Sold – Heading For Trafalgar, and Legend, Lord Horatio Nelson Looks Forward to the Day of Battle

He writes a fellow British admiral, "How glad I shall be to have you near me…".

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After the Treaty of Amiens in October 1801 Europe was at peace for 14 months. Many ships in the Royal Navy were at dock and the British returned to their peacetime activities. But across the Channel in France, Napoleon saw the peace as temporary and was planning to neutralize Britain. He realized...

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Sold – Heading For Trafalgar, and Legend, Lord Horatio Nelson Looks Forward to the Day of Battle

He writes a fellow British admiral, "How glad I shall be to have you near me…".

After the Treaty of Amiens in October 1801 Europe was at peace for 14 months. Many ships in the Royal Navy were at dock and the British returned to their peacetime activities. But across the Channel in France, Napoleon saw the peace as temporary and was planning to neutralize Britain. He realized that if war broke out again the Royal Navy would blockade French and continental ports as it had done before, and French overseas trade would be crippled. So he planned to invade England with 2000 ships and 200,000 soldiers, and free the seas for French trade. Napoleon ordered the building of a fleet of invasion barges and his Grande Army was moved to the Pas de Calais area. However, the fly in the ointment was that to get the French army across safely, the French fleet would need to control the Channel. The strategy of the British, on the other hand, was to bottle up the French fleet – principally in the ports of Brest and Toulon, with Nelson stationed in the Mediterranean outside the latter city. Matters came to a head in early 1805 when Napoleon tried to engineer a meeting of his fleets so they could control the sea-lanes and protect his invasion barges. He gave orders for the fleets in Toulon, Brest and Ferrol to break out of their blockaded ports. After an abortive attempt, French Admiral Villeneuve managed to evade Nelson's ships blocking him in Toulon, and after picking up the fleet of his Spanish ally, sailed for Martinique in the West Indies on March 30. According to Napoleon's plan, Villeneuve would meet up with Adm. Ganteaume (who had been blockaded in Brest), then sail back to Europe, and with other squadrons "procure our superiority before Boulogne…"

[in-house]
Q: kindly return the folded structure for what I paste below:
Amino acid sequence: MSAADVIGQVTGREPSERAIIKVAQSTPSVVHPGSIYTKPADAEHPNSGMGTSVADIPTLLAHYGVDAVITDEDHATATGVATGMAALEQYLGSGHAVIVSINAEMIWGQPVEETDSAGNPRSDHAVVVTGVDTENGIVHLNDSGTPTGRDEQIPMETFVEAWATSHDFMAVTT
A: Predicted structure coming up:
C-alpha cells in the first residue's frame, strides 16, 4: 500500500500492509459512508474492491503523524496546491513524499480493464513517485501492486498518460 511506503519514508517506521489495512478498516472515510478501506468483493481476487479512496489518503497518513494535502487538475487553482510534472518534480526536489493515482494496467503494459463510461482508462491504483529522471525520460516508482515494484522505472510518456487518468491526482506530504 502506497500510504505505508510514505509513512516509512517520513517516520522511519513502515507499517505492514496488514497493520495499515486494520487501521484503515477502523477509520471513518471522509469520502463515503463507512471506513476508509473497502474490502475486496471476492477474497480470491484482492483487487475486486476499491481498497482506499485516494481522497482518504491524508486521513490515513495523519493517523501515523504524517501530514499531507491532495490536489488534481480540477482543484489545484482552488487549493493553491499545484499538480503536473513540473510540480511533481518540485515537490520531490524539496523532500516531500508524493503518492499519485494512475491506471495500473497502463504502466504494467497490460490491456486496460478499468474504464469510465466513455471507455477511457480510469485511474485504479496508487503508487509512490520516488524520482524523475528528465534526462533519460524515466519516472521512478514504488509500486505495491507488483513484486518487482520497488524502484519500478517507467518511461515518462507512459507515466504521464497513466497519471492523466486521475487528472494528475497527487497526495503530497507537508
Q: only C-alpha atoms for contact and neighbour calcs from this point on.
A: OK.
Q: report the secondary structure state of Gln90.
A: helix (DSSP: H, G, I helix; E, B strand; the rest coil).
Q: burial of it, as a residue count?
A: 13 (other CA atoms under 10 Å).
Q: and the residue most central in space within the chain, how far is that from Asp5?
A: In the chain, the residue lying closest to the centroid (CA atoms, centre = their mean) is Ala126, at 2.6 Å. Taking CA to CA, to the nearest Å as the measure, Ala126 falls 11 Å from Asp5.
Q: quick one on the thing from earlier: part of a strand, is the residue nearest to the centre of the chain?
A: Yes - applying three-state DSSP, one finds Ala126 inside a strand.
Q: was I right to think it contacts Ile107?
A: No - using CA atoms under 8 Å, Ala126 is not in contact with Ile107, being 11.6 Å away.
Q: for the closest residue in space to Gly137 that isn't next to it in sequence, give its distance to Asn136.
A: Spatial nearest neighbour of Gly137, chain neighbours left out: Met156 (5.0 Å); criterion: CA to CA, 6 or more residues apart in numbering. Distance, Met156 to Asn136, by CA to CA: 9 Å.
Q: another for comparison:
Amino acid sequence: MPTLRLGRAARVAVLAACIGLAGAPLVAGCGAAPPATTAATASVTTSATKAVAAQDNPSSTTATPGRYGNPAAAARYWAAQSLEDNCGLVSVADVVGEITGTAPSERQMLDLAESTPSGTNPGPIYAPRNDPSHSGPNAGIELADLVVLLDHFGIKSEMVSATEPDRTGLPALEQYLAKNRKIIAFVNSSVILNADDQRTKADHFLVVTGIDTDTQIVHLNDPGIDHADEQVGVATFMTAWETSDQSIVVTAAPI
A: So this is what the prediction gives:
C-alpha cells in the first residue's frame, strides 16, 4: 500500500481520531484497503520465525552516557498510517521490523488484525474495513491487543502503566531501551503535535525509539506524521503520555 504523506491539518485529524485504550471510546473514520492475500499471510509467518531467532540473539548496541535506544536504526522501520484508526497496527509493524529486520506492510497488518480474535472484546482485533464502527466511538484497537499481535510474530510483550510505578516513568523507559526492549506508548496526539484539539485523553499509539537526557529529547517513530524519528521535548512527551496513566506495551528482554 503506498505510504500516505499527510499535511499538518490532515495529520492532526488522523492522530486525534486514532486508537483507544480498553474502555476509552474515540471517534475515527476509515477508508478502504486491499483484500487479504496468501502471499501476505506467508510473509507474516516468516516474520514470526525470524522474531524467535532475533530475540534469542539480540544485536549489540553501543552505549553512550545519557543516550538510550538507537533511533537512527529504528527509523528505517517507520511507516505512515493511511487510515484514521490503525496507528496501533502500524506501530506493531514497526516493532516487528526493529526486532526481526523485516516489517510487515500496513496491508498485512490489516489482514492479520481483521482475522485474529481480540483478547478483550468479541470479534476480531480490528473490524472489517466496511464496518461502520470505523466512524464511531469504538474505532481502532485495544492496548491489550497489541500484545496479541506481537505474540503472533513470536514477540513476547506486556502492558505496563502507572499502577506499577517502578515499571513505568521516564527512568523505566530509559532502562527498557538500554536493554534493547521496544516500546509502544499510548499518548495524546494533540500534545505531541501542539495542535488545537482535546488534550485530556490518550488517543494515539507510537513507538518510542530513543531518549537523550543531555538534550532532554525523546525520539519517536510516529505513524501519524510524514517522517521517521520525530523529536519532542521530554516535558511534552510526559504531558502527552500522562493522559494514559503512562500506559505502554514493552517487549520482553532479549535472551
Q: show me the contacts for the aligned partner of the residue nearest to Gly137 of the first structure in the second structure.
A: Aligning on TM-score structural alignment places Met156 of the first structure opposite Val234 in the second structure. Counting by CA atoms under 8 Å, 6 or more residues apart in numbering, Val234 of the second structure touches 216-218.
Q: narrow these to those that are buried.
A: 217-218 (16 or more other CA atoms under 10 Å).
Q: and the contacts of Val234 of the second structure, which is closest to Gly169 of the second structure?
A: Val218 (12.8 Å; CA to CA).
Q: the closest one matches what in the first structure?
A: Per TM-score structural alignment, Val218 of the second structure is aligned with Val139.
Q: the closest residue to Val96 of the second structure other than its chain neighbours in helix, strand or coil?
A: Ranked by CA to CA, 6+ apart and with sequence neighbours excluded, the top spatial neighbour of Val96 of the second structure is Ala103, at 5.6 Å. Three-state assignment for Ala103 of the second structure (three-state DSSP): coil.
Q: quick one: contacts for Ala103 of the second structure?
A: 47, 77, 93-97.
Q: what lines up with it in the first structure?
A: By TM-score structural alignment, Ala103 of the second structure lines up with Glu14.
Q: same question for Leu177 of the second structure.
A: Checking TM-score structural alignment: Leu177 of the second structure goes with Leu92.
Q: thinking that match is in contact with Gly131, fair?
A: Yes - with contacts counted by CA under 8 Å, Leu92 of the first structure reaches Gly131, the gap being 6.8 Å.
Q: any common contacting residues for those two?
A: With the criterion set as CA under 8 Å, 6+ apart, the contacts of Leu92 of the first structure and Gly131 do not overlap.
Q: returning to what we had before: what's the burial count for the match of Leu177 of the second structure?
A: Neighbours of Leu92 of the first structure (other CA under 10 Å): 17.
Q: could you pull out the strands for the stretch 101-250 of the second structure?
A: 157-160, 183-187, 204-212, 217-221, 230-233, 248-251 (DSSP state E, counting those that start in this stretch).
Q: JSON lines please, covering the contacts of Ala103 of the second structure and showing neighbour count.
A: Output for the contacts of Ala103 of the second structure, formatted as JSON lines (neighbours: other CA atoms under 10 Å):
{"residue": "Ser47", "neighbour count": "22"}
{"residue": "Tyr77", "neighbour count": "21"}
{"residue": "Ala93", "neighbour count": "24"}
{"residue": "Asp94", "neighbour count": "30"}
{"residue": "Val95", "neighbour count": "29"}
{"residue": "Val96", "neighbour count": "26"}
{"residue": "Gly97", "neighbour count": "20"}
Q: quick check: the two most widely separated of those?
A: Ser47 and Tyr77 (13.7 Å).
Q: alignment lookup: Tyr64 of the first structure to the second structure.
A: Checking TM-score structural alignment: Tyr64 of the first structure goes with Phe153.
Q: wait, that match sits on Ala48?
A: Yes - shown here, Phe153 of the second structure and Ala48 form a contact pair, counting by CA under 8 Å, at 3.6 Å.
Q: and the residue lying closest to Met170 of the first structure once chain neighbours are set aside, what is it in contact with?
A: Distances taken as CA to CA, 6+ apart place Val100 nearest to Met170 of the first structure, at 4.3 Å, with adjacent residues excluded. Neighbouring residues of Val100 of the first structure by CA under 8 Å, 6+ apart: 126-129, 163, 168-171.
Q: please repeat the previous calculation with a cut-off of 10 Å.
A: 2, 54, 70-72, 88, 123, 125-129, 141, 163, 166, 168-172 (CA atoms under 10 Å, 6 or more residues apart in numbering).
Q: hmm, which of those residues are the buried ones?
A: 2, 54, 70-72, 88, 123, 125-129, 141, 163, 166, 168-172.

Nelson discovered that Villeneuve had sailed out of the Mediterranean and so chased him across the Atlantic to the West Indies. But after considerable delay for want of information and from contrary winds, the French and Spanish eluded his pursuit, and he was obliged to retrace his course to Europe, without the longed-for confrontation. On June 20, 1805, he landed at Gibraltar, setting foot on dry land for the first time in over a year. After cruising in search of the enemy until the middle of August, the British fleet was placed under the command of Adm. Charles Collingwood and Nelson was ordered back to England. He returned home, many thought for good. So began Nelson's last 25 days in England. In London he was the subject of adulation, with Lord Minto writing, "It is really quite affecting to see the wonder and admiration and love and respect of the whole world. It is beyond anything represented in a play or a poem." However, despite the enjoyments of home, Nelson still felt a great sense of responsibility for his country's safety.

Meanwhile, Villeneuve received orders stating that he was to sail for the Channel, unless the state of the fleet was such as to mitigate against this, in which case he was to sail to the base of the Spanish fleet at Cadiz. He decided to refit and re-provision in Cadiz rather than head for combat in the Channel (much to Napoleon's displeasure), and arrived there on August 20. Nelson had not been many days established at home when, on September 2, the news arrived from Collingwood that the French and Spanish fleets were both lying in at Cadiz. Nelson stated to Collingwood's courier, "I am sure you bring me news of the French and Spanish fleets…and that I shall have to beat them." Now he was eager to gain the reward of his long watchings and laborious pursuits, and to save his country from invasion; he again offered his services to the Admiralty, proposing to personally go to the waters outside Cadiz. Nelson did not seek to be part of a blockading force; rather, when the enemy sought to leave Cadiz, he would seek a definitive battle. As he had earlier written, "There seems an idea that I am blocking up the French fleet in Toulon. Nothing could be more untrue. I have never blockaded them a moment. All my wish and the anxious wish of this fleet is to have them out." The Admiralty gladly accepted his offer. On September 13, Nelson left home for the final time and headed to Portsmouth. There, on September 14, 1805, he boarded his flagship the Victory and embarked on the Trafalgar campaign, sailing into fame and glory.